Here's an example from Wikipedia:

Mining >> California Gold Rush >> References / External links. The material in the "External links" category is often very different from what hits a Google algorithm would return to you, but instead point you towards a set of materials that a human brain found fascinating.

Wikipedia will put a frame around the next two lectures, as will the assigned readings for next week.

"What are the documents?" The Case for Libraries in a Digital Age

Wikipedia is not the only incredible resource of browsing. In the second half of this lecture, I'd like to make the case to you that libraries are a crucial resource for browsing. They will point you towards an incredible array of primary sources for your place paper.

In Bill's case: he turned to old town and county reports to find historical references to caves in the Madison area that had since been forgotten.

Here are some of the primary sources you'll find in a library like the Wisconsin Historical Society:

  • Letters and diaries
  • Photographs
  • Business and institution records
  • Newspapers
  • Government records
  • Audio, film, and video recording
  • And, of course, books

I want to persuade you that you should go into the library stacks and rummage around. In order to do that, I want to talk to you not so much about how to use a library, but why. Most of the information in libraries is not yet digitized. (At its peak, Helen C. White perhaps held 250,000 books at its largest; now that number is closer to 25,000.) So one of the chief points I wish to persuade you of is that there are things ungoogleable today that are still worth looking at and paying attention to.

A Mini Place Paper: What was Lower Campus? Why and how did it change?

A Place Paper Riddle: How did a big open city block called “Lower Campus” that was once used for playing football get reinvented as “Library Mall” with buildings holding millions of books...and how has our relationship to those books changed over time?

By the 1870s, a quarter-century into the life of UW-Madison, the campus still had no library. It was not until 1878 that the building we know as Old Music Hall was constructed as a combination assembly hall and library. If you look at the building today, you will not find skylights that had been installed for students reading in the library.

The State Historical Society of Wisconsin (today the Wisconsin Historical Society), founded in 1846—two years before the founding of the UW—began collecting historical documents under the directorship of Lyman Copeland Draper. Draper was succeeded by Reuben Gold Thwaites, and the collecting efforts of these two men helps explain why we have treasures here at the Wisconsin Historical Society like the Daniel Boone papers. In the late 1890s, it was decided that the Wisconsin Historical Society and the UW-Madison should join forces to construct a new library that could house the volumes of both institutions.

If you look at this birds' eye view of campus from 1907, you begin to understand why this area was called Lower Campus. The area now called "Bascom Hill" was known as "Upper Campus" until 1916, when a fire destroyed much of what was then called University Hall and was renamed Bascom Hall. It was only after Edward Birge renamed the building Bascom Hall that UW affiliates stopped calling the sloping lawn "Upper Campus" and began calling it "Bascom Hill."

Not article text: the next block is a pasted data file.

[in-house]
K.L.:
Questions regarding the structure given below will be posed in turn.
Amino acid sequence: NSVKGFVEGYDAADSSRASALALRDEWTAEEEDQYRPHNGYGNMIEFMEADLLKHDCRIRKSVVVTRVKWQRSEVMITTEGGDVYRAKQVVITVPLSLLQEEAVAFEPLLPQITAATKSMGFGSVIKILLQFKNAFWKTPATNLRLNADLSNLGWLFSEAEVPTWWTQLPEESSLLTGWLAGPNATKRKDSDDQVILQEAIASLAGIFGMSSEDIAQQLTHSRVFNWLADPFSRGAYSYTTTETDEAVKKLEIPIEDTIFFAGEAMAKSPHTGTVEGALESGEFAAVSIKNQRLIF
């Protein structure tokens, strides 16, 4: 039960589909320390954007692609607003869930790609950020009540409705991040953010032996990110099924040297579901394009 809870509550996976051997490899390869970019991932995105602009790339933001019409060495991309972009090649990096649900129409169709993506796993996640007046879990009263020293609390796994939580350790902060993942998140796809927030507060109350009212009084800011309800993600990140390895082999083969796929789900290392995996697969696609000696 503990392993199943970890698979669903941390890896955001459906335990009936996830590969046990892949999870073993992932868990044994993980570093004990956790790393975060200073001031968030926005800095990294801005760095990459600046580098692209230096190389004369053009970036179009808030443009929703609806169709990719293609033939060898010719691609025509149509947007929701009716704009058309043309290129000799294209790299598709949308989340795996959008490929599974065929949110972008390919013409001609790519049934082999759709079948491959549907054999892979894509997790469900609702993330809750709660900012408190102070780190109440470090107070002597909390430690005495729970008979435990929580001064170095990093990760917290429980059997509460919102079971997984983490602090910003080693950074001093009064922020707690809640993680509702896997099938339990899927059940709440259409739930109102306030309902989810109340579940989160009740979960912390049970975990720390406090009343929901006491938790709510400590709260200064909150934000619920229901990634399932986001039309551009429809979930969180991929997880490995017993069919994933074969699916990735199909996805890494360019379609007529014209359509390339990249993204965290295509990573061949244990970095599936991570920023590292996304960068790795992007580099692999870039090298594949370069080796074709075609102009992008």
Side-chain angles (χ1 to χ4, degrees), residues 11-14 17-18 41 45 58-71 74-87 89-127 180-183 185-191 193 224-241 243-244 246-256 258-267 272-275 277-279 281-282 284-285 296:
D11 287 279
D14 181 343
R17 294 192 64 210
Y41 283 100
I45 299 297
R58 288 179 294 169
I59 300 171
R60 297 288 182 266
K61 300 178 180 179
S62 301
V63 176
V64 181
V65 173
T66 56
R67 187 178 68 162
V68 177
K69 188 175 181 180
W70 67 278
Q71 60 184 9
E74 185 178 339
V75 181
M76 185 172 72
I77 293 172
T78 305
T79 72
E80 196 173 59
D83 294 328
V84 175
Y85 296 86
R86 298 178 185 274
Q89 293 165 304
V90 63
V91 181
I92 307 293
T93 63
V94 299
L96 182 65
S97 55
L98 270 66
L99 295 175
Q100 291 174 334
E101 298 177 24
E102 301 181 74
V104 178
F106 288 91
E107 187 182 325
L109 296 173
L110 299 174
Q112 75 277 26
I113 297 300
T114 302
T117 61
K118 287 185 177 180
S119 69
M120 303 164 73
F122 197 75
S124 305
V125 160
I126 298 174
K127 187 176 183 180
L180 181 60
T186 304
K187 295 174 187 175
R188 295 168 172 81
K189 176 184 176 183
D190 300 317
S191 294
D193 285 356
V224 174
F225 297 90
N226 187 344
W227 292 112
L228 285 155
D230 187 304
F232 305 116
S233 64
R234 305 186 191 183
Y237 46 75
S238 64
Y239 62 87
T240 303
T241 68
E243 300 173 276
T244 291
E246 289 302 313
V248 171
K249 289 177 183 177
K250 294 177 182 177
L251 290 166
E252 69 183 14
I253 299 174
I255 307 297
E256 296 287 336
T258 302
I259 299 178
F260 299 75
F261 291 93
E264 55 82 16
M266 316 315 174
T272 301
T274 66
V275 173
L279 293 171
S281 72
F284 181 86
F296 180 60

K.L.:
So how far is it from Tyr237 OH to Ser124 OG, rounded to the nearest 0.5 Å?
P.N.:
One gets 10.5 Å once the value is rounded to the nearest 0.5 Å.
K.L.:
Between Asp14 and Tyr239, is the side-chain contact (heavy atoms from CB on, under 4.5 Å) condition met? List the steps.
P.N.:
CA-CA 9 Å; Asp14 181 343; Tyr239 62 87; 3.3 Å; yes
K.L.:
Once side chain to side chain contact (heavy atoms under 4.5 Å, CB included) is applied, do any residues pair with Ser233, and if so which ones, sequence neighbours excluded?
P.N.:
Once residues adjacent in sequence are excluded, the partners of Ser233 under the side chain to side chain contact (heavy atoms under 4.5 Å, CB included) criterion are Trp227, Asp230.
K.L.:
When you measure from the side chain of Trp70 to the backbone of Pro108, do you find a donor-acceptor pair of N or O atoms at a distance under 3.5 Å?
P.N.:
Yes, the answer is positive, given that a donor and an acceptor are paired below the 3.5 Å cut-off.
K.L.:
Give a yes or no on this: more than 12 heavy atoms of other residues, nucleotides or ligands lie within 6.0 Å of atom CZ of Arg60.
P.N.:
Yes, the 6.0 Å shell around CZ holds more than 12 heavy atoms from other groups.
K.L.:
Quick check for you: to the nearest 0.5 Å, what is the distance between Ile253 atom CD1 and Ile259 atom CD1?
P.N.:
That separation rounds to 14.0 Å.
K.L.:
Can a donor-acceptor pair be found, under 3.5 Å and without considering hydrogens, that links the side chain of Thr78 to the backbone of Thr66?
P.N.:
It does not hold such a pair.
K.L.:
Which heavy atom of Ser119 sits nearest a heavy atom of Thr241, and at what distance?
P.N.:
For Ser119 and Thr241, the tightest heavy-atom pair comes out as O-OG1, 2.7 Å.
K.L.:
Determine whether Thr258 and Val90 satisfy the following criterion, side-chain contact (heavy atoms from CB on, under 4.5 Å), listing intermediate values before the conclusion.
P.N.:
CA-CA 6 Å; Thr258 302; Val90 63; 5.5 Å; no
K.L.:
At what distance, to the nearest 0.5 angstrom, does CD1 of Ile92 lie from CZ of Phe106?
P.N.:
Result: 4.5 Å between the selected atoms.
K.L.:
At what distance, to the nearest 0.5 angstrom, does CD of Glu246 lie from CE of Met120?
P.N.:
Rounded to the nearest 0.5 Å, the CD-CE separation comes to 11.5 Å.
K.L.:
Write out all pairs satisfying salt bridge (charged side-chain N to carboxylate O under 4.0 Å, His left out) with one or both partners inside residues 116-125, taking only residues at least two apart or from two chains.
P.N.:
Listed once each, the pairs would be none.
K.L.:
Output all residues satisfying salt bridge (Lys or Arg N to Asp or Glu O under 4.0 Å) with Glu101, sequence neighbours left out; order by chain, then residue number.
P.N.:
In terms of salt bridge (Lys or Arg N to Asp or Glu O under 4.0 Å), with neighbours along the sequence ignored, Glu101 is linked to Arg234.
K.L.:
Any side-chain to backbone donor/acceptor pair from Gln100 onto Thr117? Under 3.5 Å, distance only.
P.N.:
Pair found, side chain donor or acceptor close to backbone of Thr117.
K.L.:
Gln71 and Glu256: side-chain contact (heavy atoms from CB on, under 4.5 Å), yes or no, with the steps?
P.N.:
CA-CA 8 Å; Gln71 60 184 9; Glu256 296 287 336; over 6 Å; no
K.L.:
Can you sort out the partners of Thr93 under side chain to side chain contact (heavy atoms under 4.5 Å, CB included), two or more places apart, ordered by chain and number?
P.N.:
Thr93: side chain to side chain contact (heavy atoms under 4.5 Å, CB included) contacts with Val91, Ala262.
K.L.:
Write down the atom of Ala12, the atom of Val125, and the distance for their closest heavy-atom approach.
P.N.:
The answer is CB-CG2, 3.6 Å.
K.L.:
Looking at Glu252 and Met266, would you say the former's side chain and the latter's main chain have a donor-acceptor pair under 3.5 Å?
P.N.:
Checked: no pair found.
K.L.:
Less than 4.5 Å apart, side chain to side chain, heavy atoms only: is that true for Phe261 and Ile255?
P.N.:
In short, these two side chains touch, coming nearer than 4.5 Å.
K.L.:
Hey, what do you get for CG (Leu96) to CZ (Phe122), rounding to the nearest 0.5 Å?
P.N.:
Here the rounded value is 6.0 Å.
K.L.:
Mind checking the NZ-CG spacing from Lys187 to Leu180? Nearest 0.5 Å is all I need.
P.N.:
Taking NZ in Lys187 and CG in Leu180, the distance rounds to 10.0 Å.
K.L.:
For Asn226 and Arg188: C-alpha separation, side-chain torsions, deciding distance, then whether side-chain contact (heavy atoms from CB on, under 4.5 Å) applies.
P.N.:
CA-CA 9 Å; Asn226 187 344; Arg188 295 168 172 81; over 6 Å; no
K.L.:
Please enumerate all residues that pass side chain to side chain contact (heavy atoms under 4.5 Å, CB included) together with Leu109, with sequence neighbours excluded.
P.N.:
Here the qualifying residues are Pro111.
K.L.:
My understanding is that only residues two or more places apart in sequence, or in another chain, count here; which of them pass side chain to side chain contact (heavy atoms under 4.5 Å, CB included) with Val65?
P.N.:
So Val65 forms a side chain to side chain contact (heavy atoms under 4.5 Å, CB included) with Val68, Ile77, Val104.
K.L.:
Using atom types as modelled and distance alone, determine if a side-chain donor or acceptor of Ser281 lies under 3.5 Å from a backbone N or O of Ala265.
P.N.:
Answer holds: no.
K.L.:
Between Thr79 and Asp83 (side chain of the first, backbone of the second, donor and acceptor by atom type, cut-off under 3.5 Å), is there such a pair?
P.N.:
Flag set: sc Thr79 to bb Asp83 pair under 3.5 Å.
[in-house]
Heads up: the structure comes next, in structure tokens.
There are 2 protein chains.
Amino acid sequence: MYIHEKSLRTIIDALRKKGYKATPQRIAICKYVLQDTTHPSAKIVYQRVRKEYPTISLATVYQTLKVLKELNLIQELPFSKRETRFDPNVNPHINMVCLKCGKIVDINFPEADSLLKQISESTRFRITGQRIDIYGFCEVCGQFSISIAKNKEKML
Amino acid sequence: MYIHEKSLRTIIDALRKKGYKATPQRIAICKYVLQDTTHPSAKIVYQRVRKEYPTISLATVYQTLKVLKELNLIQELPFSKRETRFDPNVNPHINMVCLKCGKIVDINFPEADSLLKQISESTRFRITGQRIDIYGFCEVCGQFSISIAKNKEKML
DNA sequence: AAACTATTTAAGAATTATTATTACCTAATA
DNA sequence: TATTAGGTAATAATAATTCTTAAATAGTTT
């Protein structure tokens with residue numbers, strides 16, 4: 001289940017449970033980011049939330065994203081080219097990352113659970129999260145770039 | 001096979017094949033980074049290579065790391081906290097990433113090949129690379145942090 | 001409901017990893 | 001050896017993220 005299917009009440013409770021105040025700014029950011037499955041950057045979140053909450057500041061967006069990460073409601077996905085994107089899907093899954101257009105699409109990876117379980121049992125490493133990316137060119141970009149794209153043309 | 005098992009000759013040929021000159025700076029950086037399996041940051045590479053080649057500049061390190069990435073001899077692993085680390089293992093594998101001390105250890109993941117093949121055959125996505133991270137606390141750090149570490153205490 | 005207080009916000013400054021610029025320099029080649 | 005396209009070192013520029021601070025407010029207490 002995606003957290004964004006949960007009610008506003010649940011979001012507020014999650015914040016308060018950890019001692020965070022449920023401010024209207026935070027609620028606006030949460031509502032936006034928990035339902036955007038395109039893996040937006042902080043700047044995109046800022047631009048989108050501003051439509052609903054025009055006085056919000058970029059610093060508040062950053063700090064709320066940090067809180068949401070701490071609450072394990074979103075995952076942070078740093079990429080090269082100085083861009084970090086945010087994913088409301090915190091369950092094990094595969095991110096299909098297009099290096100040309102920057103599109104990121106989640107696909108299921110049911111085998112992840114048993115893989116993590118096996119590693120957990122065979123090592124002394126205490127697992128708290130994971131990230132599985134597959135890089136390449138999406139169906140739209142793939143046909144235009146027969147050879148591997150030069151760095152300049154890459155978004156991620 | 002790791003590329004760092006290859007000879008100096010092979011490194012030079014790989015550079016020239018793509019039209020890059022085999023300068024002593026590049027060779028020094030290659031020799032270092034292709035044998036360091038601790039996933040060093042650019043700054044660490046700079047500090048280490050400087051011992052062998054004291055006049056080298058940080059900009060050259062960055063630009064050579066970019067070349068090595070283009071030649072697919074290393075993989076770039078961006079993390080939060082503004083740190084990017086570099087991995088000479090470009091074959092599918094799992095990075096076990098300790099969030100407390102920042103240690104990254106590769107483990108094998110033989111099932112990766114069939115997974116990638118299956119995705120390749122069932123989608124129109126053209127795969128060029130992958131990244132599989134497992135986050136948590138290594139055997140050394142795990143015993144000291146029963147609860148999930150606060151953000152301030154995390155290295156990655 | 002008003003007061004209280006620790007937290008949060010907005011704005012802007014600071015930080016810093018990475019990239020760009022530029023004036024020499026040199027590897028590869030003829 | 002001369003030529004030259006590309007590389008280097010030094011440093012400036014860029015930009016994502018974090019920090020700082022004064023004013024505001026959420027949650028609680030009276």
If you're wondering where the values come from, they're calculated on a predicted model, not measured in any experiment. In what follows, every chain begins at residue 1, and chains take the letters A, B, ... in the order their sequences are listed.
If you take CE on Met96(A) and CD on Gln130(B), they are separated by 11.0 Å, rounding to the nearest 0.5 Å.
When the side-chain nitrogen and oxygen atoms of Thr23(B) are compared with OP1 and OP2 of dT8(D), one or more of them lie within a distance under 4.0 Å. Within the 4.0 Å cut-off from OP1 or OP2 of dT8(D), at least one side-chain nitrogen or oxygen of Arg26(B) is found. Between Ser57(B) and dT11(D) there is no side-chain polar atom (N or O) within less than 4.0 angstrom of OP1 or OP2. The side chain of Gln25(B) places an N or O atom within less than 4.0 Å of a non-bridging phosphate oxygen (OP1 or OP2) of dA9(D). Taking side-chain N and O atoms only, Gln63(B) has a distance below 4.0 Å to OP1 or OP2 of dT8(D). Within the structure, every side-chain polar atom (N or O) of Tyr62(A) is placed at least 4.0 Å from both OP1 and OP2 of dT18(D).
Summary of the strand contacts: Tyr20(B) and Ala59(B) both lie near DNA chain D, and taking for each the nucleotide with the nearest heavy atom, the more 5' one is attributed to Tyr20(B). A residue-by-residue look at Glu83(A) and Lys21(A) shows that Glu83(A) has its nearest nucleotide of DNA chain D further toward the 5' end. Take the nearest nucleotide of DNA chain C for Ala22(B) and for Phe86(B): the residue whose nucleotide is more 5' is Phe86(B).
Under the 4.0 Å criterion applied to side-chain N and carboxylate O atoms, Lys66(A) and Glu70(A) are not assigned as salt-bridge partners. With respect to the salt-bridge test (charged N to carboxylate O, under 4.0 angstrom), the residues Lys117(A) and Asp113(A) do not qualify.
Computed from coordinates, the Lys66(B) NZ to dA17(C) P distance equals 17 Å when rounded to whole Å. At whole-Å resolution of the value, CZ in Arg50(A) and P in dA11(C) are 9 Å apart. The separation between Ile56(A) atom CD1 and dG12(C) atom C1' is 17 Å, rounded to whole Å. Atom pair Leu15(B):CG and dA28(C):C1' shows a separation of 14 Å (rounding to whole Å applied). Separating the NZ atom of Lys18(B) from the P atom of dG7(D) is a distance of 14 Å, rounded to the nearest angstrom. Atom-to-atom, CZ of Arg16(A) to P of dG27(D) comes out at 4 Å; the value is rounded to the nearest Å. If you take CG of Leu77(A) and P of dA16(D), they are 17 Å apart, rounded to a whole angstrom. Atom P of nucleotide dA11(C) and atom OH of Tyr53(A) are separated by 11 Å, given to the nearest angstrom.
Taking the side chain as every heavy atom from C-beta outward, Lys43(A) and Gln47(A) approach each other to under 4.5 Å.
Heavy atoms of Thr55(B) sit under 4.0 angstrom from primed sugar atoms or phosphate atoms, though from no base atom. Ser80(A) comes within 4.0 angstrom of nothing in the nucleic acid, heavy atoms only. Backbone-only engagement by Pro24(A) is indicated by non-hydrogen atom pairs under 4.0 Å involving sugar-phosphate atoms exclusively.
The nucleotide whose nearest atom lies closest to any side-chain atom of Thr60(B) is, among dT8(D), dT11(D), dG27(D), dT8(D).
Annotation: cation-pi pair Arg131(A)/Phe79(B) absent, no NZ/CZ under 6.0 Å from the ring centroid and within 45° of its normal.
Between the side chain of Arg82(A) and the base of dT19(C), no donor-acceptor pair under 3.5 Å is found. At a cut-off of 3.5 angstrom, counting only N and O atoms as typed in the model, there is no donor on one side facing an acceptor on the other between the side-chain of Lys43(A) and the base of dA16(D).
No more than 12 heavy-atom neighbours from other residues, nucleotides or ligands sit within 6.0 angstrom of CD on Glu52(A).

By the 1940s, the old Wisconsin Historical Society building was packed to capacity. So a decision was made in the late 1940s to build a new library: what would become known as Memorial Library was built facing the Wisconsin Historical Society. That construction created a new space between the two buildings, called "Library Mall."

Once Memorial Library opened, the holdings of the Wisconsin Historical Society were split between Memorial Library and the Wisconsin Historical Society. To navigate the newly opened library, you needed to use a card catalog. The card catalog in Memorial Library followed the Author-Title nomenclature. But we could also use a Subject Catalog (and here, Google does infinitely better what the subject catalog once tried to accomplish). The third card catalog in Memorial Library was the Shelf-List Card Catalog, which ordered cards by call number. Finally, there was also a fourth catalog in the library basement called the Cutter Catalog.

I'll flag for you the puzzle of being a librarian. You have a book: how do you decide what one place on the shelf that book will go, given how many different subjects it is about. Also, how do you organize the sum of human knowledge into categories and classifications? Multiple thinkers have answered this question a variety of ways: Melvil Dewey (inventor of the Dewey Decimal System), Charles Ammi Cutter (Cutter Expansive Classification System), and Herbert Putnam (Library of Congress Classification System). Notice that the Library of Congress system, what is used here in UW libraries, is really useful for browsing. If you're writing a paper about Wisconsin, the Library of Congress system tells you that you should absolutely make a pilgrimage to the F576-590 shelves in the Wisconsin Historical Society and browse to your heart's content.

To close, I want to suggest to you the difference in worldview between Herbert Putnam (creator of the Library of Congress Classification System) and Sergey Brin and Larry Page (founders of Google). In Herbert Putnam's system, you physically need to go to a physical location to find a book. In the Brin/Page sense of Google, information appears to not be physically or geographically located. What you need to do in a library is to find the location of a book.

I want you to wander the stacks, I want you to rummage. F576-590: here you will find books on Wisconsin as well as the rest of the U.S. and Canada. Don't forget that oversized volumes are also a rich source of information and photographs, easily overlooked.